Lies as far as the eye can see and ear can hear

[I am not sure if the quote in the picture is real or not, but it definitely seems to be consistent with the reality we are experiencing today. A commenter suggests that it is real.]

I was browsing through The American Sun’s Friday reads and saw two articles I found interesting and related. Though I would like to put forward a slightly different explanation of what we are seeing than the original writers.

The first is this one on The Generation That Wrecked The Media.

I find this somewhat interesting as an intermediate understanding of just why Media is so woke and getting woker. The author is better keyed in than the average normie, but a little too willing to brush aside the near-universal convergence of all major institutions at the exact same time as mere coincidence or unguided mass-action. It is not at all just a problem with the media. This is where I was a few years ago and its interesting looking back on it now. I actually feel fairly naïve in retrospect. In 2014, when I started blogging, I knew things were really bad and was pretty red-pilled compared to most. Even so, I couldn’t have imagined just how bad it actually was, or how much worse it was going to get. I don’t particularly like imagining where we are going from here, but this trajectory has a very ominous horizon.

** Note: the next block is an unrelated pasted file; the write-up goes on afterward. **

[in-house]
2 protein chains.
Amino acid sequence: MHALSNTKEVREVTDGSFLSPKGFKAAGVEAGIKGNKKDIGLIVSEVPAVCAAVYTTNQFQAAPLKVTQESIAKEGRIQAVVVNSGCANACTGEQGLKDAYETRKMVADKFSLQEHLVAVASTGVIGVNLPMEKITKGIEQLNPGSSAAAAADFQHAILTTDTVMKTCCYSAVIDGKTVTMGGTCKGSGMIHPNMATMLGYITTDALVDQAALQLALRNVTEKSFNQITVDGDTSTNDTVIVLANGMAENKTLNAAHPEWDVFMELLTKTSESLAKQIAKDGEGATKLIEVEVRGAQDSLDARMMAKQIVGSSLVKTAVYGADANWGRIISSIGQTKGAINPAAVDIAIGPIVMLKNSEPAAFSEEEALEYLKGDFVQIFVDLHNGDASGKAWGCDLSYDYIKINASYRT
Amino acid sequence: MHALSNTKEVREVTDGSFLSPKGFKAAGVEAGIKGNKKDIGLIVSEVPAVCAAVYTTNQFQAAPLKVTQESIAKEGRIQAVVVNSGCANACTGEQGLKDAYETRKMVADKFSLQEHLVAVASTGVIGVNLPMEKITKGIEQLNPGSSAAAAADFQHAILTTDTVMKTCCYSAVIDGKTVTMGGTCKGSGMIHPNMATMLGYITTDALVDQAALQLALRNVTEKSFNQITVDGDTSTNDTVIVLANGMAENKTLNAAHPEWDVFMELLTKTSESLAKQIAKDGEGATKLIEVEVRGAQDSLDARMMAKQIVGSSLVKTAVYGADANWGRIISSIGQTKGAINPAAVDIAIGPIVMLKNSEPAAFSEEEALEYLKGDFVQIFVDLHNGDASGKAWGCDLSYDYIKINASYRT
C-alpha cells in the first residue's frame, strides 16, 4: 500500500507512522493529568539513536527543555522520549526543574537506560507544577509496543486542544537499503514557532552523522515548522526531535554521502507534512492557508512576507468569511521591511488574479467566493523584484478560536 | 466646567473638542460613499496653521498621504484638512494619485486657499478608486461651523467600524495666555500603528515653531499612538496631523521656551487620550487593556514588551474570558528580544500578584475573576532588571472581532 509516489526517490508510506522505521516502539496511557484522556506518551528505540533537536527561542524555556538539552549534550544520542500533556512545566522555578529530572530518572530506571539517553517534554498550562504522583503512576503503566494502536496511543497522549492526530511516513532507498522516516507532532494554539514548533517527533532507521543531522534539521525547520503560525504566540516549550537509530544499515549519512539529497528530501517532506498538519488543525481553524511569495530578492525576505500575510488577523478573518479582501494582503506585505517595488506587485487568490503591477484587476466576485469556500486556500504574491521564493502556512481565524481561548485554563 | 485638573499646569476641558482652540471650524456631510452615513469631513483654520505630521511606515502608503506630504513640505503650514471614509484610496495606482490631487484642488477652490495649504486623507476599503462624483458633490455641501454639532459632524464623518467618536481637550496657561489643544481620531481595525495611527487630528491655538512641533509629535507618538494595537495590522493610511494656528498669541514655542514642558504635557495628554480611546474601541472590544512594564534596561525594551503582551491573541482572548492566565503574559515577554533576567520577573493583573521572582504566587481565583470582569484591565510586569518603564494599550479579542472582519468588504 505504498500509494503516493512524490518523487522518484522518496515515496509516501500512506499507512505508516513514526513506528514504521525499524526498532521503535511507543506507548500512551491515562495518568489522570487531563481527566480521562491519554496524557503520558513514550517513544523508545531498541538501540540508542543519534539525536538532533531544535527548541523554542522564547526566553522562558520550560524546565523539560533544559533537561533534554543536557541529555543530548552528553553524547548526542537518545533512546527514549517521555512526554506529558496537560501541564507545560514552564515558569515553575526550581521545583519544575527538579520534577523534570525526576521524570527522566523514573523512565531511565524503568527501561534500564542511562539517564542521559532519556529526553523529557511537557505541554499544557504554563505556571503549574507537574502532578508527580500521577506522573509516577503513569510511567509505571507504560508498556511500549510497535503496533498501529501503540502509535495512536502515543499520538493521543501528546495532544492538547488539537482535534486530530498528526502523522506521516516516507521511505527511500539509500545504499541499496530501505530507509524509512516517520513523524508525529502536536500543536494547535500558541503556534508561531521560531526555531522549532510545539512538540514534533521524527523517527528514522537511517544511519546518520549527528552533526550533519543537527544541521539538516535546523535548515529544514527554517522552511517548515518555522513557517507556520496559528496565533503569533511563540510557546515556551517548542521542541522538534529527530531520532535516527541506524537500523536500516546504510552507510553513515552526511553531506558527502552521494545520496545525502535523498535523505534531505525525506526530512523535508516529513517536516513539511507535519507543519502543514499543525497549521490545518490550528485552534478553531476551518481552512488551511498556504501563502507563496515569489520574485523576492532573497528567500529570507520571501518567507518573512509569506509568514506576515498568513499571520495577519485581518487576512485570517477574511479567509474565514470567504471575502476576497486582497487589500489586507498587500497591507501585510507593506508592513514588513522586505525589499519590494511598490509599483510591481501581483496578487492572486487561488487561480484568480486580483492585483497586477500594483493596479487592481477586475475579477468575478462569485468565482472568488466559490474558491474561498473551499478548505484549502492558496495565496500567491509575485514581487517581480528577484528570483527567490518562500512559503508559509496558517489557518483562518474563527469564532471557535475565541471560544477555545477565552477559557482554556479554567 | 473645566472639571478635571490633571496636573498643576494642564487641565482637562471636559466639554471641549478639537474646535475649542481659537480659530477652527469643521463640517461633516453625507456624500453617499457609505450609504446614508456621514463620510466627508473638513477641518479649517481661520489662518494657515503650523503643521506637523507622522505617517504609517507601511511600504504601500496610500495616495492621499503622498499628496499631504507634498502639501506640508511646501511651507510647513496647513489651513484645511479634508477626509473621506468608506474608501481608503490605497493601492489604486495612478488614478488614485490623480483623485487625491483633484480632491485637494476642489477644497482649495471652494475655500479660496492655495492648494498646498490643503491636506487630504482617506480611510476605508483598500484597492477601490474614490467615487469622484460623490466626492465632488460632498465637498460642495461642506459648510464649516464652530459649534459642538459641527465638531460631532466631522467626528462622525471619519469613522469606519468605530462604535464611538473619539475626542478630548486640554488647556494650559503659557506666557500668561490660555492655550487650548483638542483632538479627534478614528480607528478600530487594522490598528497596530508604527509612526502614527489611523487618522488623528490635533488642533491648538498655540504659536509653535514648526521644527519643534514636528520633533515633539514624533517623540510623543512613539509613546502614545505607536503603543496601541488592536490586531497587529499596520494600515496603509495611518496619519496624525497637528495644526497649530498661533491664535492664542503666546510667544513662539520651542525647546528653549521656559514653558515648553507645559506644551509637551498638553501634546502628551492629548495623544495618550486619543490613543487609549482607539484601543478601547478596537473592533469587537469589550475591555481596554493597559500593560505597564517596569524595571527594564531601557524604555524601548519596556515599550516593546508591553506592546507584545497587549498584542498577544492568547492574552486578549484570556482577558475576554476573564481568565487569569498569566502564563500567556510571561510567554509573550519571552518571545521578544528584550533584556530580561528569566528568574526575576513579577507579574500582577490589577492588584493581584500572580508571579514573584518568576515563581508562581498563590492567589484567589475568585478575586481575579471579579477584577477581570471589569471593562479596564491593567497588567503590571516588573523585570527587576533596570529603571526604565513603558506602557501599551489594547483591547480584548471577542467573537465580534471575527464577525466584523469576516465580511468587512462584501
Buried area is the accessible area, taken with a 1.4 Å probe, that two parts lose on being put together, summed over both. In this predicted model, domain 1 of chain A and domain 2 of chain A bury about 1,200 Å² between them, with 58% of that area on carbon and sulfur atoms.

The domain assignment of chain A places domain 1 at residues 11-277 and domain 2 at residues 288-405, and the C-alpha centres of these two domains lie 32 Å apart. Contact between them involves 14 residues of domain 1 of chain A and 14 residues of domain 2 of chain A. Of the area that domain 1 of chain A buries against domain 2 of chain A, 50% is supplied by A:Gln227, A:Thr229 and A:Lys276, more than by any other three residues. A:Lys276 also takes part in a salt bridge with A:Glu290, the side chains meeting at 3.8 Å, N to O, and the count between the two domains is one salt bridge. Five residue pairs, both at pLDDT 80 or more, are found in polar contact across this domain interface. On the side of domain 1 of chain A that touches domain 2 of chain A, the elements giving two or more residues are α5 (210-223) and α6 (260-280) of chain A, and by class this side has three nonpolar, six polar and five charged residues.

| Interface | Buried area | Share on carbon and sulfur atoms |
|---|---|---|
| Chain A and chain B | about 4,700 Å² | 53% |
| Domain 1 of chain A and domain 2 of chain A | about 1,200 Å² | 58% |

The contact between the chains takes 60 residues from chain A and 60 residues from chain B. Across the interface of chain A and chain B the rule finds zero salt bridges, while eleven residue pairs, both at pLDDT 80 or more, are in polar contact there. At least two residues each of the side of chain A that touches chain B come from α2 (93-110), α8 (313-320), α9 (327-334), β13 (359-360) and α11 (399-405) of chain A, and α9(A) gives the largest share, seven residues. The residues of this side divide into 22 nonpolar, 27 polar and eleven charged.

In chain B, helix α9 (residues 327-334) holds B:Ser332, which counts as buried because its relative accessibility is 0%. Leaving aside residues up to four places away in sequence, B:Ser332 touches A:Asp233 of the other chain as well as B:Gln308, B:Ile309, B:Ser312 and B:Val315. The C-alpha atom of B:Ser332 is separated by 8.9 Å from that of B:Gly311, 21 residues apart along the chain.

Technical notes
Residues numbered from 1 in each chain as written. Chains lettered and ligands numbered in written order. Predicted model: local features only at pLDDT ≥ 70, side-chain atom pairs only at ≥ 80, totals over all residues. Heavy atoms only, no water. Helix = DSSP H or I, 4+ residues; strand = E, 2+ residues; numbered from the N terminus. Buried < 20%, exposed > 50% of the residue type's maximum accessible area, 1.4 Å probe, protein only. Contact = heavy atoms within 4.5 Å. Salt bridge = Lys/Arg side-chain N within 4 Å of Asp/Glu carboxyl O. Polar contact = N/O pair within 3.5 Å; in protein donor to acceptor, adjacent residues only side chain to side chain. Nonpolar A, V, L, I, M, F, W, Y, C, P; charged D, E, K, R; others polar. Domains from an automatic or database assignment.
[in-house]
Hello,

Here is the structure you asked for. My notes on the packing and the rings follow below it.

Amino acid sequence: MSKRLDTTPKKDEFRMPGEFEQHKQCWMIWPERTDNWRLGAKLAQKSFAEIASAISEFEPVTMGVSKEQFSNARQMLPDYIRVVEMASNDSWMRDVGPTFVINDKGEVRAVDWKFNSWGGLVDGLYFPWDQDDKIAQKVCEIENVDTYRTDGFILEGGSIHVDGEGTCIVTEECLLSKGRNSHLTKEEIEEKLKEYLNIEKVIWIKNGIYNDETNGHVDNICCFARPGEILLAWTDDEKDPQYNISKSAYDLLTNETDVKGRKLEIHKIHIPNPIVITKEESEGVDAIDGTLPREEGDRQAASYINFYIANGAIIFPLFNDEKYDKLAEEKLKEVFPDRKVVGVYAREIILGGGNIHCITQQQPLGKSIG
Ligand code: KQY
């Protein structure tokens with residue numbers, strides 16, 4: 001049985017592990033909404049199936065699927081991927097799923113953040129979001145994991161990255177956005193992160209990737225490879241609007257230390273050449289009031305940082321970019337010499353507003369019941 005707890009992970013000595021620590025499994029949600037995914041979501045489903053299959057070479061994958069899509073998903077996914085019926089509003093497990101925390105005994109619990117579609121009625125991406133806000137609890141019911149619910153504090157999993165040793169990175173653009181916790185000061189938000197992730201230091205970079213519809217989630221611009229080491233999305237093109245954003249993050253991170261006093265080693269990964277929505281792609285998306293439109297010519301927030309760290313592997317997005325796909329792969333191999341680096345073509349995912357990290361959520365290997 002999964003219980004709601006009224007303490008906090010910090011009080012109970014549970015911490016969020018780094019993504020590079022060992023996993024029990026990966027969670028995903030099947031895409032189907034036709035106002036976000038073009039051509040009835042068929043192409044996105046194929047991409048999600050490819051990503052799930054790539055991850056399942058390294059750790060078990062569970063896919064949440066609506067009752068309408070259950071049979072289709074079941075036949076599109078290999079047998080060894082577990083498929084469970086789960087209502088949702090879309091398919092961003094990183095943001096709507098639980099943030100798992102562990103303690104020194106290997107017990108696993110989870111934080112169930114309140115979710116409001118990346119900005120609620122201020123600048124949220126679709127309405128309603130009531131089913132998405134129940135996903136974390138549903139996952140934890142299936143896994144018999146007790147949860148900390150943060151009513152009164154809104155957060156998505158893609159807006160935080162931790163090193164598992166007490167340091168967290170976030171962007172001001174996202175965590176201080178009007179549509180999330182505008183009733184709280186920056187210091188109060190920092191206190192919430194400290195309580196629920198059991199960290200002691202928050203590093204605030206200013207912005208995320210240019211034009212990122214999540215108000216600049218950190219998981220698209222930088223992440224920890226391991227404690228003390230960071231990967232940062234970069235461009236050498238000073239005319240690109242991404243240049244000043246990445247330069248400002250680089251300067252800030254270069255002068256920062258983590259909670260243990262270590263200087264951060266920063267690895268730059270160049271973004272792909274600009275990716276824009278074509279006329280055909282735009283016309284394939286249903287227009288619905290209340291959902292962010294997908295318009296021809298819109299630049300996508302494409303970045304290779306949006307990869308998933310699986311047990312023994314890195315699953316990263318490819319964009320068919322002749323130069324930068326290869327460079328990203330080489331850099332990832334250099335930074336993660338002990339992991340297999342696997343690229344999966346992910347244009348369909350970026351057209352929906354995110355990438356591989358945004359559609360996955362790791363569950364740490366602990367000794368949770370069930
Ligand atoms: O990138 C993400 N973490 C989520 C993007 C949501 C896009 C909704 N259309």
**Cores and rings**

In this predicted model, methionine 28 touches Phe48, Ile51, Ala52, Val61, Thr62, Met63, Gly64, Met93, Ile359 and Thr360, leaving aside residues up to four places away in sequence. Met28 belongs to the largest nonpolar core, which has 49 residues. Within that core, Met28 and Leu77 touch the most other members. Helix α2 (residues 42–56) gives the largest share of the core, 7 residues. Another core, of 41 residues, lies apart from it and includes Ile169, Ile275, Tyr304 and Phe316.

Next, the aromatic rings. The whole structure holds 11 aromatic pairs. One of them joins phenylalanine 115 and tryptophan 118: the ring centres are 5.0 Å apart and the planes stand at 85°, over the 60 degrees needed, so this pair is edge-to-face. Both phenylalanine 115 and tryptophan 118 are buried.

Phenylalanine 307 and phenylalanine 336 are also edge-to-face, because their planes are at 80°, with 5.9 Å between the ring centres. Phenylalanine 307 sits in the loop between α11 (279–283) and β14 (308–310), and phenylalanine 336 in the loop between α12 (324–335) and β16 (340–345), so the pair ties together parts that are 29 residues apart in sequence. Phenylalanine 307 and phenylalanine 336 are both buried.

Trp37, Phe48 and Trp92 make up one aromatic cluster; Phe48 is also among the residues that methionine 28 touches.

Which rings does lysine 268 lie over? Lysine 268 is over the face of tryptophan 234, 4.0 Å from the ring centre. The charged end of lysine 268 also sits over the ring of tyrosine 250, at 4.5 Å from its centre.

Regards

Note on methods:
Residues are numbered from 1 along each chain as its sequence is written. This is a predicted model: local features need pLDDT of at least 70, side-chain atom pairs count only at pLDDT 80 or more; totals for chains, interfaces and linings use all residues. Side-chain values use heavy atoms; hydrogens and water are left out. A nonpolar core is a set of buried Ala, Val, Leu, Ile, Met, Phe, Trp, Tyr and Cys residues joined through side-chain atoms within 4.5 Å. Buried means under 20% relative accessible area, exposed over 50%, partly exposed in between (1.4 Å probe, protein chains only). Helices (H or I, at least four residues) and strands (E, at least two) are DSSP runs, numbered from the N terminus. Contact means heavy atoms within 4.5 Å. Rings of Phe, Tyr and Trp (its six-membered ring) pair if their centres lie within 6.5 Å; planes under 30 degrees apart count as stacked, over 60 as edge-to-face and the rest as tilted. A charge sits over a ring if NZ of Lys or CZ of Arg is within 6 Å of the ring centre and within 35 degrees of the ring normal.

The premise of the article is that journalist millennials got shafted by the 2008 recession. Being collectively poor with forced downgraded aspirations compared to previous generations, they caused a new culture to form. Or to be more accurate, an amplification of the progressive culture they were already being indoctrinated in during their studies. That culture is what animates the media today (and everything else presumably). Since there has been a large overproduction of “elites” and not enough wealth to spread around, all that is left is to jockey for prestige within this new culture. Who is going to be the coolest shemale in his pod drinking soy latte’s and eating cicada pate? This prestige is won by whoever can prove they are the farthest left in the progressive equality holiness spiral. A quite ruthless competition I am told. Neoreaction was saying all this years ago, so this is nothing new, and it is indeed a fairly important phenomenon and contributing factor to what we are seeing.